The film was based on the story of the same name by Boris Lavrenyov, which had already been filmed as a silent film by Yakov Protazanov in 1927. In a 1956 letter to the literary historian Boris Geronimus, Lavrenyov wrote: "I never needed any documentary sources for writing The Wind [Veter, 1924] and The Forty-First. All the things that came into these two novellas were based on my own experiences and are about the real people I came to know personally. The character of Maryutka [Maria Filatovna Basova] had been taken by me wholesale from Anya Vlasova, the real girl, who'd volunteered for the Red Army and served at the Turk[estan] Front. Later she often visited the offices of Krasnaya Zvezda with her extremely touching, but totally ridiculous poems, one of which I quoted in the novella, without making any change. And Govorukha-Otrok was a real-life poruchik, who'd been captured by one of our cavalry units in Priaralye. So what I did was arrange for these two real people a fictitious meeting and thus came up with their robinzonada on the isle of Barsa-Kelmes."[2][3]

The film was Grigori Chukhrai's directorial debut. The Mosfilm directorate was reluctant to authorize Koltunov's script, as the portrayal of a love story between Red and White soldiers was deemed inappropriate: the script had to be revised six times. However, Chukhrai had the support of the eminent directors Ivan Pyryev and Mikhail Romm. When the screenplay was discussed in the directorate on 19 April 1955 and several of those present raised the issue, Romm said: "very well! Let every girl fall in love with the enemy and then kill him [in deference to her patriotism]." As this form of ending was considered to be a prime example of socialist realism, it was approved for filming.[4]

Principal photography commenced in spring 1956 and ended in the summer. It was conducted in the Turkmen SSR, in the vicinity of Krasnovodsk and on the Caspian Sea's Cheleken Peninsula; the latter served as the location for the island scenes.[5]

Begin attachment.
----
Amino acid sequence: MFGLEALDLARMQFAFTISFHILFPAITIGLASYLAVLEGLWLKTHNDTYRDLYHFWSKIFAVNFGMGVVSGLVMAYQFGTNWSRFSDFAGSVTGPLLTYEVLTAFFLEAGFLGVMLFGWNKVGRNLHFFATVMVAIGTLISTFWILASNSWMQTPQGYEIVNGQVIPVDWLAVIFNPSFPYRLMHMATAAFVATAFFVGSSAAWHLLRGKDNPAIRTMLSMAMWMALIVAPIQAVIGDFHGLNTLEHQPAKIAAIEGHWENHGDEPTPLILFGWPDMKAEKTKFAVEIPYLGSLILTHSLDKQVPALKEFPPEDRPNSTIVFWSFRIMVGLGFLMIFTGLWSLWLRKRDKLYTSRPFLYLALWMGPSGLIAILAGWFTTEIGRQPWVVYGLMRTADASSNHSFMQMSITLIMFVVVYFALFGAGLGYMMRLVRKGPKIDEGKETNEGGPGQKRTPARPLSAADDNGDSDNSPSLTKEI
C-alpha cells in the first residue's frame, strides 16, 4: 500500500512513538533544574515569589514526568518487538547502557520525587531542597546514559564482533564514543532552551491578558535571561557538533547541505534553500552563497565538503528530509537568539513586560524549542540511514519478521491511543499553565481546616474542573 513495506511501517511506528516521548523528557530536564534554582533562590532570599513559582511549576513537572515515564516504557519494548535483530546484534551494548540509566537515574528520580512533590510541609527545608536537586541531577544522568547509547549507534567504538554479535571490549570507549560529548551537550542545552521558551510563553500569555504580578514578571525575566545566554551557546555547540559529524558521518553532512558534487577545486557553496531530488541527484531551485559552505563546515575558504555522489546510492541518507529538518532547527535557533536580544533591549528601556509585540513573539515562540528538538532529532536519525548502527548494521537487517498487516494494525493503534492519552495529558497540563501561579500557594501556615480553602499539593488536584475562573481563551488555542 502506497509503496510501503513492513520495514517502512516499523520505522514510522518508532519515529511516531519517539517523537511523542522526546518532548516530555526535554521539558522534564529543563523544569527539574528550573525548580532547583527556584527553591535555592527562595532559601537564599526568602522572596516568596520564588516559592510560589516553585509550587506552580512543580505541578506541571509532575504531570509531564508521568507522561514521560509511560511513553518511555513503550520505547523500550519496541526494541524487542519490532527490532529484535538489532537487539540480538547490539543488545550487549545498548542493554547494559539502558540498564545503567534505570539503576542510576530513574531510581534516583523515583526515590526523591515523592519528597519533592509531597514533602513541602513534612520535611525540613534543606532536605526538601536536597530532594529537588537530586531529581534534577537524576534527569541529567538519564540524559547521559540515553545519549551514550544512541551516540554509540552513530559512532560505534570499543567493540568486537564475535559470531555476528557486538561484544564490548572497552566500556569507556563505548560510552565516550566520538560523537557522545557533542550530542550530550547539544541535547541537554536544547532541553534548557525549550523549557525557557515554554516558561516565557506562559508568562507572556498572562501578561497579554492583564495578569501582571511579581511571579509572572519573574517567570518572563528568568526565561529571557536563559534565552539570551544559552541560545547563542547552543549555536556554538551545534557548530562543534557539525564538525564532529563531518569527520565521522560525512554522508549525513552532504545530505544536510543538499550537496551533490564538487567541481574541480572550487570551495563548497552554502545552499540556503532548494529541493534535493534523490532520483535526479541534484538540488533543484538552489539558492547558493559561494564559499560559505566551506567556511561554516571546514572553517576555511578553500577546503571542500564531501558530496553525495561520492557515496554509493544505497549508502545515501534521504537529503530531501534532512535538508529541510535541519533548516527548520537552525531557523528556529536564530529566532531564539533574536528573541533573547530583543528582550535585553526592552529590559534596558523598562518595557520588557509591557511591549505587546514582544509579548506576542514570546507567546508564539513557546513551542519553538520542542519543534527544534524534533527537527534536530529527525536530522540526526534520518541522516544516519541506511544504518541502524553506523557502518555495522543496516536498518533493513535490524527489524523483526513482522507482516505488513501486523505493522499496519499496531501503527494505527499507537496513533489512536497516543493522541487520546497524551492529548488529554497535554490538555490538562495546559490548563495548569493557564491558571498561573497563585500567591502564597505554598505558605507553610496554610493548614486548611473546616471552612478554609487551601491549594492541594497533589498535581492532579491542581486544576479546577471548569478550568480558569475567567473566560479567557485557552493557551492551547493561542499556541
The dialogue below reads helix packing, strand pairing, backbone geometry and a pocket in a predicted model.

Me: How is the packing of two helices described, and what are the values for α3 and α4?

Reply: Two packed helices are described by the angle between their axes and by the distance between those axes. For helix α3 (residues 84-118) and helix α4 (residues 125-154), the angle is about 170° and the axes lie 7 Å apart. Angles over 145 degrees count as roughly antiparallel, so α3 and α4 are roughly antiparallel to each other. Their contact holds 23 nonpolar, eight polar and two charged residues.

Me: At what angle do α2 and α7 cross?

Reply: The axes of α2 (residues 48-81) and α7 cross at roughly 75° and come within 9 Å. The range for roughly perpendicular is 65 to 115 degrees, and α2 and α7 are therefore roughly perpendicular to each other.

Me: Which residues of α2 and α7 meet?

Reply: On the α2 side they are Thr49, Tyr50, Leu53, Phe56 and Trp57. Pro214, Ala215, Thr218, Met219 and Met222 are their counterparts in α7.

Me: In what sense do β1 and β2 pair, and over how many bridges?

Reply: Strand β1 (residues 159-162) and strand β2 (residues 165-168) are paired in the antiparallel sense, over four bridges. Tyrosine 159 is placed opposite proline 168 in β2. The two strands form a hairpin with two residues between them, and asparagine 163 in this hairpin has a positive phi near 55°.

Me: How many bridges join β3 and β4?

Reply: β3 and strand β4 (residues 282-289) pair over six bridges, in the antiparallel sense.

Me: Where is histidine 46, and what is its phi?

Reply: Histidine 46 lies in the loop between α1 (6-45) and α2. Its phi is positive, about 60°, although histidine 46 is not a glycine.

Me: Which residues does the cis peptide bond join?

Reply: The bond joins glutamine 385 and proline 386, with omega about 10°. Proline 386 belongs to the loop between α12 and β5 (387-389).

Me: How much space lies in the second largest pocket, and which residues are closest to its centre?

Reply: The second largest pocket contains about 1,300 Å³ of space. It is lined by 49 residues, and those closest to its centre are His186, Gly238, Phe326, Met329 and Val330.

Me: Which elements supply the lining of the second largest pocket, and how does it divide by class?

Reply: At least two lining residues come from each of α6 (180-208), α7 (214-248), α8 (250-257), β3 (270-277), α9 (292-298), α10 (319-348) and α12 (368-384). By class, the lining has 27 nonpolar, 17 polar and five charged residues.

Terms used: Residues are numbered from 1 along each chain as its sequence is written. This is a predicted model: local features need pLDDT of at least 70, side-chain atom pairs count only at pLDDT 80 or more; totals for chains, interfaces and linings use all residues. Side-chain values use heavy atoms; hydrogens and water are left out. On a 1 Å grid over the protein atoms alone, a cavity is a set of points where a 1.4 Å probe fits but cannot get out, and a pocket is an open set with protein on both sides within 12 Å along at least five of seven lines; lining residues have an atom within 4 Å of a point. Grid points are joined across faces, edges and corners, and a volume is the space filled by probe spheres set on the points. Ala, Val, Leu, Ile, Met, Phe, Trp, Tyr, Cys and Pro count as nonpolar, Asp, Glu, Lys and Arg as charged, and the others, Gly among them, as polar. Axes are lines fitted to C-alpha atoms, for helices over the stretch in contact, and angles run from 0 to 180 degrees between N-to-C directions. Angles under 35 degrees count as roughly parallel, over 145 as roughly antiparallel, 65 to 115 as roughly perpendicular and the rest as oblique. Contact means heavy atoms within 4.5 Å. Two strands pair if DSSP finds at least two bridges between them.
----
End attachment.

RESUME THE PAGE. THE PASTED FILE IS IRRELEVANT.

The Forty-First attracted 25.1 million viewers in the Soviet Union, becoming the tenth most successful picture at the 1956 box office.[6] At the Mosfilm Festival of Young Filmmakers held between 12 and 15 April that year, the film won in the categories for Best Film, Best Actor and Best Cinematography.[7] At the 1957 Edinburgh International Film Festival it won an Honorary Diploma.[8] At the 1957 Cannes Film Festival, it also won the Special Jury Prize and was nominated for the Palme d'Or.[9]

See alsoEdit


  1. ^ "Сорок первый". VokrugTV.
  2. ^ Zvezda Vostoka (Star of the East) magazine. 1959, No. 8., page 119
  3. ^ N. Morozova. Commentaries to The Forty-First. The Works by Boris Lavrenev in 6 volumes. Khudozhestvennaya Literatura. Moscow. 1963. Vol. 1. Pp. 721-723.
  4. ^ Muskyi, Igor (2007). Sto velikikh otechestvennykh kinofilmov. Veche. ISBN 978-5953323437. p. 119.
  5. ^ Muskyi, p. 120.
  6. ^ Razzakov, Fedor (2004). Naše Ljubimoe Kino - Tajnoe stanovitsja javnym. Algoritm. ISBN 9785926501428. p. 45.
  7. ^ Deryabin, Alexander (2010). Letopisʹ rossiiskogo kino, 1946 - 1965. Kanon Plus. ISBN 9785883731524. p. 365.
  8. ^ Zemlianukhin, Sergei; Miroslava Segida (1996). Domashniaia sinemateka 1918–1996 (Домашняя Синематека 1918–1996) (in Russian). Moscow: Duble-D. p. 420. ISBN 5-900902-05-6.
  9. ^ "Sorok Pervyi" (in French). Cannes Film Festival. Retrieved 2008-09-05.

External linksEdit

External video
  The Forty-First with English subtitles, released by the official Mosfilm YouTube channel